Five-second, with and without background

The five-second rule is back in the news, its recent scientific history sometimes acknowledged, sometimes not:

The Five-Second Rule Explored, or How Dirty Is That Bologna?

A COUPLE of weeks ago I saw a new scientific paper from Clemson University that struck me as both pioneering and hilarious.

Accompanied by six graphs, two tables and equations whose terms include ?bologna? and ?carpet,? it?s a thorough microbiological study of the five-second rule: the idea that if you pick up a dropped piece of food before you can count to five, it?s O.K. to eat it….

So writes Harold McGee in the May 9, 2007 issue of the New York Times. McGee, a chemist famed for his research into food and cooking, describes a newly published study:

Residence Time and Food Contact Time Effects on Transfer of Salmonella Typhimurium from Tile, Wood and Carpet: Testing the Five-Second Rule, P. Dawson, I. Han, M. Cox, C. Black and L. Simmons, Journal of Applied Microbiology, vol. 102, no. 4, April 2007, Page 945-53.

JillianClarke-Ig-Speech.jpgThe study’s authors build on, but do not overtly acknowledge, the work of 2004 Ig Nobel Public Health Prize winner Jillian Clarke. (Professor McGee, in his newspaper article, does write about Clarke’s achievement.) Clarke, then of the Chicago High School for Agricultural Sciences, and now a student at Howard University, was awarded the 2004 Ig Nobel Public Health Prize for “investigating the scientific validity of the Five-Second Rule about whether it’s safe to eat food that’s been dropped on the floor.” The photo here shows Clarke delivering her Ig Nobel acceptance speech.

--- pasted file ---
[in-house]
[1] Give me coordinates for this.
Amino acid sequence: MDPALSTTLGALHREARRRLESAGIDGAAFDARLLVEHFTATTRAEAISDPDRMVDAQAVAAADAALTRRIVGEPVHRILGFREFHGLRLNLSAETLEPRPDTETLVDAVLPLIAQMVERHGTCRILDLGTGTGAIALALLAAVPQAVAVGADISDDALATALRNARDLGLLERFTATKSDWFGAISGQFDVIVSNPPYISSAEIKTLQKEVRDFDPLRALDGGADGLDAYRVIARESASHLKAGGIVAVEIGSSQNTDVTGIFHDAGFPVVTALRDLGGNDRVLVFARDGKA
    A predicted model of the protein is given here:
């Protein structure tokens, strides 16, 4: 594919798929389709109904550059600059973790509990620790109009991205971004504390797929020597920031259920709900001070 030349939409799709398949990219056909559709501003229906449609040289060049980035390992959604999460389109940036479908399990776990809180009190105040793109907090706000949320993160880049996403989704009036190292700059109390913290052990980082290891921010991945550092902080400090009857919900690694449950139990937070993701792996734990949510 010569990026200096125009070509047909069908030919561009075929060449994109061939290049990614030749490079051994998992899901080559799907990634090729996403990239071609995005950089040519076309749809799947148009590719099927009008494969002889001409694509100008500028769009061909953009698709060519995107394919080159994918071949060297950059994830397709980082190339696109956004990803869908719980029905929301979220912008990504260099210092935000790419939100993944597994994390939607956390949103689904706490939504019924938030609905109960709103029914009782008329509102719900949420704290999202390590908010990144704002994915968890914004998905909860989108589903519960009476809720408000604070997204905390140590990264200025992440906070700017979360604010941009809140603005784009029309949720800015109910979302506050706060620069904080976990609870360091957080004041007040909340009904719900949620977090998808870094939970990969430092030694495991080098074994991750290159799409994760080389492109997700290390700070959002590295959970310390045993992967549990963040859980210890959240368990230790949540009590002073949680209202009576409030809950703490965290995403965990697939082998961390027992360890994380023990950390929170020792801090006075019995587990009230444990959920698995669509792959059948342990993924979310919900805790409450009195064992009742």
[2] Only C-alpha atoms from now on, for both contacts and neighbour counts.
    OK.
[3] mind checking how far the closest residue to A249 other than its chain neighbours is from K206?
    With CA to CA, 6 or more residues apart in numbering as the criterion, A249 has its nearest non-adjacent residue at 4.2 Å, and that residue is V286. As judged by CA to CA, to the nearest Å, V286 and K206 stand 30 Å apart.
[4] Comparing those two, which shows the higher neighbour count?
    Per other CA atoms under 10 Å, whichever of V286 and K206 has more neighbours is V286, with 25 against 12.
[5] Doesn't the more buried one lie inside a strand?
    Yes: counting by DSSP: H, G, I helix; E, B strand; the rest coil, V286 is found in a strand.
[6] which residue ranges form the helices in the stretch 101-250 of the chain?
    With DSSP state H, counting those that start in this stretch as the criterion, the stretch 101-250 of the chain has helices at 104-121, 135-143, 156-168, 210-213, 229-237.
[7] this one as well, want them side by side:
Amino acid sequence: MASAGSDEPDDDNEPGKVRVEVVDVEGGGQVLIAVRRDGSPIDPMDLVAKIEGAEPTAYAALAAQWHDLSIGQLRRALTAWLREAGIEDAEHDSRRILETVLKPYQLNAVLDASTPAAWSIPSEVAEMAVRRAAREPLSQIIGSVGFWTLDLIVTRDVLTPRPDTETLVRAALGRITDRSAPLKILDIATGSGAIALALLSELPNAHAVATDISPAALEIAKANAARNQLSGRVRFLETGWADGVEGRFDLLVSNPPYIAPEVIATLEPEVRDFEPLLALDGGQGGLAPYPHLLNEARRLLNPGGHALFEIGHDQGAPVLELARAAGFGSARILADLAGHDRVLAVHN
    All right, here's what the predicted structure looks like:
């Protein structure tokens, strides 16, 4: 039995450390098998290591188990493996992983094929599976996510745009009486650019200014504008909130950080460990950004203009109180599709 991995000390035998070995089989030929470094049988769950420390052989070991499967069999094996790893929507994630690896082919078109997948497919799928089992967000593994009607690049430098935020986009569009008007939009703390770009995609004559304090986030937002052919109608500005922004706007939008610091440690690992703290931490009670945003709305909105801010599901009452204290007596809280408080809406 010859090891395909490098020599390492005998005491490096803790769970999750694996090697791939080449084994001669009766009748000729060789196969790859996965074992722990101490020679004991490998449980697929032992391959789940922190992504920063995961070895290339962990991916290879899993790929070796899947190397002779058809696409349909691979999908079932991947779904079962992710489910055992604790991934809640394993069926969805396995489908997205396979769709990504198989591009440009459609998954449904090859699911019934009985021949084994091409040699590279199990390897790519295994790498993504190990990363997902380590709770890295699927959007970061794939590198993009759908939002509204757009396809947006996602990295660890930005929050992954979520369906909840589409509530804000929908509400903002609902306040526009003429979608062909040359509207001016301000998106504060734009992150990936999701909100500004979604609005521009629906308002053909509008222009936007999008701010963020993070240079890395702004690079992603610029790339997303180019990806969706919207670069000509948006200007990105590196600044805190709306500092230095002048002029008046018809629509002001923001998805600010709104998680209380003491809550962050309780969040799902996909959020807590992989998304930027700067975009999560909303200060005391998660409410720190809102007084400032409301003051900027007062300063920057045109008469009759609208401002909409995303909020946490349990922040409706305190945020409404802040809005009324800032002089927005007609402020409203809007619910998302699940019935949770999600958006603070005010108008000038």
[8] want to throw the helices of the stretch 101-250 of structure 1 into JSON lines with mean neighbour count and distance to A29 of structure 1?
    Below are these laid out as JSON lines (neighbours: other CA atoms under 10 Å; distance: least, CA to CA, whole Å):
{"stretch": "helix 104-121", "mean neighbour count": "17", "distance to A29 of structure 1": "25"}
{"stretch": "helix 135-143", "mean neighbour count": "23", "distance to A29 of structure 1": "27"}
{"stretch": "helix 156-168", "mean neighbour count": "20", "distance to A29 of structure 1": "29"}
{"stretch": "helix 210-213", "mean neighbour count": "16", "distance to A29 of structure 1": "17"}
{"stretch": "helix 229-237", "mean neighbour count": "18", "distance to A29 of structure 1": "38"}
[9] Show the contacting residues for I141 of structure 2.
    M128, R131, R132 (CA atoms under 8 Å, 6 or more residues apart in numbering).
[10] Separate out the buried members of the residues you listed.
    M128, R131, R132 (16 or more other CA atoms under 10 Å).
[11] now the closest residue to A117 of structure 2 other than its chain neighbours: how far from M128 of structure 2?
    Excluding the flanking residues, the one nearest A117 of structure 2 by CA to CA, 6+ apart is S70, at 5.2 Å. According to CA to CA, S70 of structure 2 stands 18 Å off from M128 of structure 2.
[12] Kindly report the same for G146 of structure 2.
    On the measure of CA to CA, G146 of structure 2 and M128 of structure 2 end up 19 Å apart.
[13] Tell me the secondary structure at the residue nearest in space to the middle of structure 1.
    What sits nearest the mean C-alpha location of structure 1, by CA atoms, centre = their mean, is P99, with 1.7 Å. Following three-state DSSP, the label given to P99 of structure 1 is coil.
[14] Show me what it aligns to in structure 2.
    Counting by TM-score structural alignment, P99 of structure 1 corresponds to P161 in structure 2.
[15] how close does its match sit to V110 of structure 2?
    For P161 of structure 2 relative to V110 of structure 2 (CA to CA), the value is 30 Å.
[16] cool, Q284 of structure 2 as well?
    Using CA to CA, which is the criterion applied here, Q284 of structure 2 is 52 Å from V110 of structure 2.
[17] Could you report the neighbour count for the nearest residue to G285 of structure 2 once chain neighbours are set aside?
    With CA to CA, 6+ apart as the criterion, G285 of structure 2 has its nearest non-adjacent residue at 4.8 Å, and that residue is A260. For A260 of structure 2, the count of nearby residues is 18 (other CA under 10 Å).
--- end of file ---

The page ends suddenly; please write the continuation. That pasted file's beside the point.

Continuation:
Now comes a press release, dated May 17, 2007, from Connecticut College. It begins:

‘Five-Second Rule’ for Dropped Food More Like 30, Connecticut College Researchers Find

Two Connecticut College student researchers have found that the “five-second rule” – which stipulates that dropped food will be safe to eat if it stays on the floor for fewer than five seconds – might better be known as the “30-second rule.”

Connecticut College seniors and cell and molecular biology majors Molly Goettsche and Nicole Moin took two food samples – apple slices and Skittles candies – to the Connecticut College dining hall and snack bar. They dropped the foods onto the floors in both locations for five, 10, 30 and 60 second intervals, and also tested them after allowing five minutes to elapse. They then looked for any rogue bacteria that might have attached to the foods….

Science again moves in its customary fashion, one step forward, one back, with now and then a twirling in place.